The app offers multiple outlets to bond including in-app games. An interesting but a relatively less popular app, is quite a boon for all lovers separated by distances. It is available on both Android and iOS.
The app is enabled with shortcut buttons that make calling and messaging each other an easy affair. Long Distance also pares the distance between the partners. Long Distance is a paid app available for Rs 55 in iOS App Store worth that’s worth every single rupee.
Evernote also allows users to plan surprise parties and visits, or just put down thoughts that one would like to share at a later time. Available across almost all three major stores like Android, iOS and Windows, Evernote is always more than a handy tool.
A neat interface and some extraordinary results, this app is a must have for all of you who suffer from the long-distance syndrome. It is an extension of the F&P’s physical business that is more than a virtual florist.
You can use this app to make voice calls, video calls, as well as send instant messages. To make things more exciting, you can use its Drift Bottle feature to send private messages, share photos via Moments or express yourself using the wide range of emoticons it offers.
As any Android power user will tell you, those thousands of contacts, messages & files can be quite hard to manage from the device itself. Here we round up some of the free tools that make Android management a breeze.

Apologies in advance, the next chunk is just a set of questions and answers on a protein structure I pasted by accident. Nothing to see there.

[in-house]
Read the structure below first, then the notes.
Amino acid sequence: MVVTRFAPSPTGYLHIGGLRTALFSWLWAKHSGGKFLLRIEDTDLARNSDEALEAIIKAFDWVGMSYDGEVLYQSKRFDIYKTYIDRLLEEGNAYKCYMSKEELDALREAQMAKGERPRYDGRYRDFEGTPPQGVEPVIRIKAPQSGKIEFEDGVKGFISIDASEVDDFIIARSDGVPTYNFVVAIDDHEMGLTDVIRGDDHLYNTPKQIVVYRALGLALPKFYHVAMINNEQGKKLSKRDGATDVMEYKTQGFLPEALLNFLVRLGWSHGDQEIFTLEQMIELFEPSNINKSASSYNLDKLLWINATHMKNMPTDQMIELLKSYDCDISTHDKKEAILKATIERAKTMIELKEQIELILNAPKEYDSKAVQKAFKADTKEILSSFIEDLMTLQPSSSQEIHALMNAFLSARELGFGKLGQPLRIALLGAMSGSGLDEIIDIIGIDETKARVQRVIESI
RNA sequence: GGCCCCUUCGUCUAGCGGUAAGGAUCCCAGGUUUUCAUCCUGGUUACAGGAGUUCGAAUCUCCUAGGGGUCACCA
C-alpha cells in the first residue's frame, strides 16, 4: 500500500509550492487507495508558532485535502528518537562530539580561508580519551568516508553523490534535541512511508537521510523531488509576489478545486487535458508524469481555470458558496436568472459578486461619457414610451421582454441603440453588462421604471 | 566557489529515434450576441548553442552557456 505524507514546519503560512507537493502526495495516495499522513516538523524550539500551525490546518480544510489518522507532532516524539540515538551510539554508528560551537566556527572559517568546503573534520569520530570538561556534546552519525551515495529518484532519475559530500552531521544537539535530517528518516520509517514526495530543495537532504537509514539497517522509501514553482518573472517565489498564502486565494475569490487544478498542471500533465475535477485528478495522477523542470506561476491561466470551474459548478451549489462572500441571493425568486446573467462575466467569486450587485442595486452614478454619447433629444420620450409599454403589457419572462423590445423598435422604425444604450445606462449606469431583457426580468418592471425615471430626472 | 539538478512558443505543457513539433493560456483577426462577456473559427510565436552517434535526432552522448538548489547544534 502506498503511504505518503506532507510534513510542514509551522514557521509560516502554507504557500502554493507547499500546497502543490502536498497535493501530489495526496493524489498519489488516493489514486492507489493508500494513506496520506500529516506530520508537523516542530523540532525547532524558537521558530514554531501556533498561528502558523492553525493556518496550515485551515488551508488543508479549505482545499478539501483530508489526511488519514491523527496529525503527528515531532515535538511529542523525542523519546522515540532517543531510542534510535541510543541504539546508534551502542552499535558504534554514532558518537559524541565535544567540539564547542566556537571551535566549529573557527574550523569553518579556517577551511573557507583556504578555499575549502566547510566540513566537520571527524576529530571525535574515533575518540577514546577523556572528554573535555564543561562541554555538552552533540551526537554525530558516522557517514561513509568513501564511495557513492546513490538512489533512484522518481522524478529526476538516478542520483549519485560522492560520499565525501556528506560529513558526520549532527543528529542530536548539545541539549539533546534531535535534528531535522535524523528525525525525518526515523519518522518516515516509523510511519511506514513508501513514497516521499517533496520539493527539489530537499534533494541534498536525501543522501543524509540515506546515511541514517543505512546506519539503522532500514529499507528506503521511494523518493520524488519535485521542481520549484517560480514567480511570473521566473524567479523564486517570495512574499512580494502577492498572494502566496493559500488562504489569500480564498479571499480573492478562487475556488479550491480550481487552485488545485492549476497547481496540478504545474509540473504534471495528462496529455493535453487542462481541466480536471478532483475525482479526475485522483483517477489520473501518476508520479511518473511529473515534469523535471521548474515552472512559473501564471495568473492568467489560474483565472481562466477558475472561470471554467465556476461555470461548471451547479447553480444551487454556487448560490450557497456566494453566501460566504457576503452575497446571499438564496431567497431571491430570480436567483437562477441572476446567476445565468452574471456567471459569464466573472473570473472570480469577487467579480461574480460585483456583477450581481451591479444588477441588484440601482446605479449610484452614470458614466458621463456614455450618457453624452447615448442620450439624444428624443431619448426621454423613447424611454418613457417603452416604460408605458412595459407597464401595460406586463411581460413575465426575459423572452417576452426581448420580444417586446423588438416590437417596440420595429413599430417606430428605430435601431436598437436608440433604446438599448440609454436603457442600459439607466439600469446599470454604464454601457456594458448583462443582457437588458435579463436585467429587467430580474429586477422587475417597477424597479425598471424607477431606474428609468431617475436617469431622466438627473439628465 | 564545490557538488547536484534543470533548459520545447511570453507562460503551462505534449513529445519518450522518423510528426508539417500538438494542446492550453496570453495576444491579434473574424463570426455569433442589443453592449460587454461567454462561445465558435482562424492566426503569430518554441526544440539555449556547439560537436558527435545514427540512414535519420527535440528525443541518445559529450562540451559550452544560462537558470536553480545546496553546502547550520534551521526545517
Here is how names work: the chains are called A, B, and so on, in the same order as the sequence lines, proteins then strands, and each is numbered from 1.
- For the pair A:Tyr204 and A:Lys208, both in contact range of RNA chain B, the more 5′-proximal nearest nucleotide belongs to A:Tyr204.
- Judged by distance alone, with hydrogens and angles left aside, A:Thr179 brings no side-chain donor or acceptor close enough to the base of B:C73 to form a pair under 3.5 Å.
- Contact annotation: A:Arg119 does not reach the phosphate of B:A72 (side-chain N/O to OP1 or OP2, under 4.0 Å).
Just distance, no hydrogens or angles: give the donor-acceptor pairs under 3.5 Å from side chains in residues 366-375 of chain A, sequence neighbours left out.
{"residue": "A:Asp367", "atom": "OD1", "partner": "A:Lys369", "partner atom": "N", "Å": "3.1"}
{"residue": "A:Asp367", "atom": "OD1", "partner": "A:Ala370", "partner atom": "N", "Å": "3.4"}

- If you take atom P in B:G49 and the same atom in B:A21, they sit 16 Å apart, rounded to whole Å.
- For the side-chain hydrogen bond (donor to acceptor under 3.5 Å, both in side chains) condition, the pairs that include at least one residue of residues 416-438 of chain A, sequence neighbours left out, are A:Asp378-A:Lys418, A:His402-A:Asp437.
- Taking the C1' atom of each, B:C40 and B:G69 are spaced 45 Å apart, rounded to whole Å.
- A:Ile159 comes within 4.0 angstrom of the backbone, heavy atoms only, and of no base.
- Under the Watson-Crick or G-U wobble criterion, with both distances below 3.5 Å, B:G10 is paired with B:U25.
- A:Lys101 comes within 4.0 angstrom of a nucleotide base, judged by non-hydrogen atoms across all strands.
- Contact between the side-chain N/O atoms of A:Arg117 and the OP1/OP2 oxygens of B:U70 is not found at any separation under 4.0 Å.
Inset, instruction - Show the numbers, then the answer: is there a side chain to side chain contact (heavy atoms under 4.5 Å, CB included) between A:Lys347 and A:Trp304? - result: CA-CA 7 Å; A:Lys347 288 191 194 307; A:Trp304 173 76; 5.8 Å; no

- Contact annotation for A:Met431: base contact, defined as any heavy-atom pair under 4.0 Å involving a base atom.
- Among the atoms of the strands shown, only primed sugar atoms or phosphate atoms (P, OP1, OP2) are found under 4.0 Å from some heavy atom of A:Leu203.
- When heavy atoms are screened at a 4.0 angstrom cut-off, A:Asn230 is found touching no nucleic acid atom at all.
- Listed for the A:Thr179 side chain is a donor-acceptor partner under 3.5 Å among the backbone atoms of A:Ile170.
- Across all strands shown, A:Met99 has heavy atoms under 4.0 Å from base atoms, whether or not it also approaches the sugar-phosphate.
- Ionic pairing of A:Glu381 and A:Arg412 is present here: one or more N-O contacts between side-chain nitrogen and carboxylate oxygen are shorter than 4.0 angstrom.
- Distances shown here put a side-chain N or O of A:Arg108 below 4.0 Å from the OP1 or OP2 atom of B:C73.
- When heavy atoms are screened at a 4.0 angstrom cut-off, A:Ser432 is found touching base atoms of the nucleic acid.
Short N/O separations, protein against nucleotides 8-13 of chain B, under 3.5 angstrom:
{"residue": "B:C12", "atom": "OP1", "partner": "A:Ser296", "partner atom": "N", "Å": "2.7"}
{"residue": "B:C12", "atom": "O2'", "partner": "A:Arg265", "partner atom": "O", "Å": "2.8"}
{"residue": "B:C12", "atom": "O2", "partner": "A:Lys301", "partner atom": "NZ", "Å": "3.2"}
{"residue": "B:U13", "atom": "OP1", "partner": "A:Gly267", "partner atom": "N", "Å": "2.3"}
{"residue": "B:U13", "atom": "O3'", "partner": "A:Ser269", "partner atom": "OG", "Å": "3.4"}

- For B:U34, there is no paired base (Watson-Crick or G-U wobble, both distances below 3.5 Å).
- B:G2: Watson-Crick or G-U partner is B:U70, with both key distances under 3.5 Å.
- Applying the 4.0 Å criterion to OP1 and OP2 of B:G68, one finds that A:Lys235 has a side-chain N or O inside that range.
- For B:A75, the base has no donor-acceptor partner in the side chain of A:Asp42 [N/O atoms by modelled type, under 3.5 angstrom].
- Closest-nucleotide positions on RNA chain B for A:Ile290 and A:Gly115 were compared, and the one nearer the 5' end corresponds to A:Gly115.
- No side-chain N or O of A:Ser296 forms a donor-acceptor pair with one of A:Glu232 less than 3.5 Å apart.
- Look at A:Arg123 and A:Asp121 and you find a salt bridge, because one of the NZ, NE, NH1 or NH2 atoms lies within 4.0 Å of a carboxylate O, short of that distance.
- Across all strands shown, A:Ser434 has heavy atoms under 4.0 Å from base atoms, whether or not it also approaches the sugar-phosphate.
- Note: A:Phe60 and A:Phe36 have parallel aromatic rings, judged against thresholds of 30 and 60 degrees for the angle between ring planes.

Airdroid is our favourite app when it comes to managing your Android device from the PC. You get access to your entire phone from a browser window, even if your phone and PC are not on the same WiFi network. You can read & send SMS, reject incoming calls, manage contacts, transfer files, push URL links to the phone, install and remove apps, create ringtones and even locate your phone.
What’s more, you can remotely view a live feed from your phone’s front/rear camera. We love it because you don’t need to install drivers on your PC or hunt for a cable for the phone.
You can also backup your entire Android phone to the PC and restore it in case of software issues or when switching to a new device.
One of the most powerful desktop managers, Moborobo works with both Android & iOS devices. You can view the number of contacts, SMS, apps as well as multimedia files on your device through the main window along with details on battery level, firmware and available storage. You can easily take a screenshot of the connected device’s screen and save it on your desktop too.
Using the software you can send and reply to SMS, install and remove apps as well as easily switch data between multiple devices. There’s also a backup feature (iPhone needs to be jailb
You can view details about your device, send text messages, install updates on your device from the PC and transfer files between the PC and smartphone. The paid version (Rs 1,619) lets you remove duplicate contacts, take automatic backups.